Our next book discussion will be on Becoming a Healing Presence by Albert S. Rossi, PhD. The discussion will follow the 6:00 P.M. Service of the Paraklesis on August 2, 2017 in the Church courtyard.
To get a good sense of what this book is about, we have posted here the powerful foreword by the late Protopresbyter Thomas Hopko. Fr. Hopko was the Dean Emeritus of St. Vladimir's Seminary:
Al Rossi and I can’t recall exactly how I became his and his wife Gay’s spiritual father and confessor. It happened when Gay was diagnosed with breast cancer that soon metastasized into bone cancer. Their spiritual father, who was also one of their closest personal friends, thought it would be best for me to take over his pastoral service at this crucial time. But how it actually worked itself out still remains a bit of a mystery to both of us.
I had seen the Rossi family many times at liturgical services and other events at St. Vladimir’s Seminary (their home was a five-minute walk from the school), but my wife and I had not come to know them more than casually. I was serving a church in New York City around that time, and was also often away from the school, especially on weekends, attending to other duties.
It also happened about this same time that I was in charge of a retreat for young people at the seminary. Al had been invited to lead several sessions. At one of them he had the participants answer some questions and do certain exercises about their extended families, their childhood, their upbringing, their experience in the Church, their favorite films, books, music, etc. They did this in writing, just for themselves, to serve as a springboard to their discussions. They were not obliged to share with Al what they had written.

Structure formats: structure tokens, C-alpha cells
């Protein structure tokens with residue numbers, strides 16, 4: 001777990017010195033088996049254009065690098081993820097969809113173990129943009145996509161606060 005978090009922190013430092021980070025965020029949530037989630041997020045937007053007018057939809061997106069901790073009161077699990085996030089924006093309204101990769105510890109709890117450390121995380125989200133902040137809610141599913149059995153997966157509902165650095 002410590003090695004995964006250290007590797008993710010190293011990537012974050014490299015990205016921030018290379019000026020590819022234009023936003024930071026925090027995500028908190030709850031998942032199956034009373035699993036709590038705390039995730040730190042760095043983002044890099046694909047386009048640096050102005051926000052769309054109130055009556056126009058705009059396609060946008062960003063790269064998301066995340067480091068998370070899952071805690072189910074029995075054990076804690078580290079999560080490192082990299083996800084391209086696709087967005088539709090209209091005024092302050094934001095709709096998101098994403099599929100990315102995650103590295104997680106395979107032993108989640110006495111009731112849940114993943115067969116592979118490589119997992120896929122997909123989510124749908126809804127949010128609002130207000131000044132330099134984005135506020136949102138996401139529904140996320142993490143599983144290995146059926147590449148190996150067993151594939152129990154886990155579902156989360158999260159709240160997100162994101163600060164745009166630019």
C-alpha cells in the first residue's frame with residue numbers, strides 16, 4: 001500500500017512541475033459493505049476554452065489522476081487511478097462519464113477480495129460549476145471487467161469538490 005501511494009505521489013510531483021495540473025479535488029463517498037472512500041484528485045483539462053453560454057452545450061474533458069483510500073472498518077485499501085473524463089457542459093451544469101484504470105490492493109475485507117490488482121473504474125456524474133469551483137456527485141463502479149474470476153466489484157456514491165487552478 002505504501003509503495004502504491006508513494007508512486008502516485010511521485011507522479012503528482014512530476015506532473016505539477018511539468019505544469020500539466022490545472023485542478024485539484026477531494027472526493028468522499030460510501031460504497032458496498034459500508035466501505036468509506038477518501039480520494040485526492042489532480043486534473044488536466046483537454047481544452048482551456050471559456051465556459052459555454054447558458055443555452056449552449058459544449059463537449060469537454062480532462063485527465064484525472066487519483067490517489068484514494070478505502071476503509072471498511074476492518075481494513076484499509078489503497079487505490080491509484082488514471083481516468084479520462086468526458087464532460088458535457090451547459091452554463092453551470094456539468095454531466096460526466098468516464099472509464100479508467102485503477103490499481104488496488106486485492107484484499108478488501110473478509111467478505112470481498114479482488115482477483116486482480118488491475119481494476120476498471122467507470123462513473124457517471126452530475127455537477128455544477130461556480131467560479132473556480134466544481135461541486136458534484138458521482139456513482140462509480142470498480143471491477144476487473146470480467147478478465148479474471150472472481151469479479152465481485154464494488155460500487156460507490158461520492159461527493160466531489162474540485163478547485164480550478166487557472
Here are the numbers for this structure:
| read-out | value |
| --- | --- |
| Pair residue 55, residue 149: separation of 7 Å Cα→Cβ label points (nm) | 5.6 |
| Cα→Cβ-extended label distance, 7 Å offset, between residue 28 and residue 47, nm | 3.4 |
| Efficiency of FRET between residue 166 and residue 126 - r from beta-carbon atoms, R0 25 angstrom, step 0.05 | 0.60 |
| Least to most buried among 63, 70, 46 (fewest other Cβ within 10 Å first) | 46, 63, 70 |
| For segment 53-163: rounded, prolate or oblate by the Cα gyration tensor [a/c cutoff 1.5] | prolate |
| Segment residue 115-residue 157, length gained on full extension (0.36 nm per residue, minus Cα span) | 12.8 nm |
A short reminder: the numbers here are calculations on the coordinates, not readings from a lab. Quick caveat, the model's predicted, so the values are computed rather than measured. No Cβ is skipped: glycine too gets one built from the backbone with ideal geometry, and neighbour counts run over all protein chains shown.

Being at the retreat, I decided to do what Al asked the participants to do. When I thanked Al at the end of the day for his good work, which I saw had a powerful impact on the young people, I handed him what I had written. “Have a look at this,” I asked him, “and, if you wish, tell me what you think of it.”
A few days later, I met Al on the seminary campus. He told me that he’d read what I wrote and thought it would be helpful for us to talk about it, adding with a tantalizing smile, “but this time on my turf.” I eagerly agreed and began visiting Al at his office once a week. Our regularly scheduled meetings went on for more than a year. Since then we have continued to meet, speak, work, and pray together in countless ways. We were each in dire need of what the other had to offer, and still are. And so was Gay. But little did we know at the time how much the two of us needed her, and still do, in our spiritual lives.
The compelling tasks facing us from the beginning of our work together were Al and Gay’s marriage and Gay’s struggle with excruciatingly painful bone cancer. Their family life was in dreadful condition. Gay was indescribably angry and unhappy, and so, in turn, was Al. Their kids were caught in the middle of it. Their history, individually and together, was the most complicated and painful story I ever encountered. It was also, for me at that time, the most incredible. I had virtually no understanding of almost anything that either of them had been through from their childhood and youth and life together, both before and after they found themselves a married couple with two beautiful children in the Orthodox Church—which situation, despite its many graces and joys, was itself hardly an easy, smooth, or painless experience.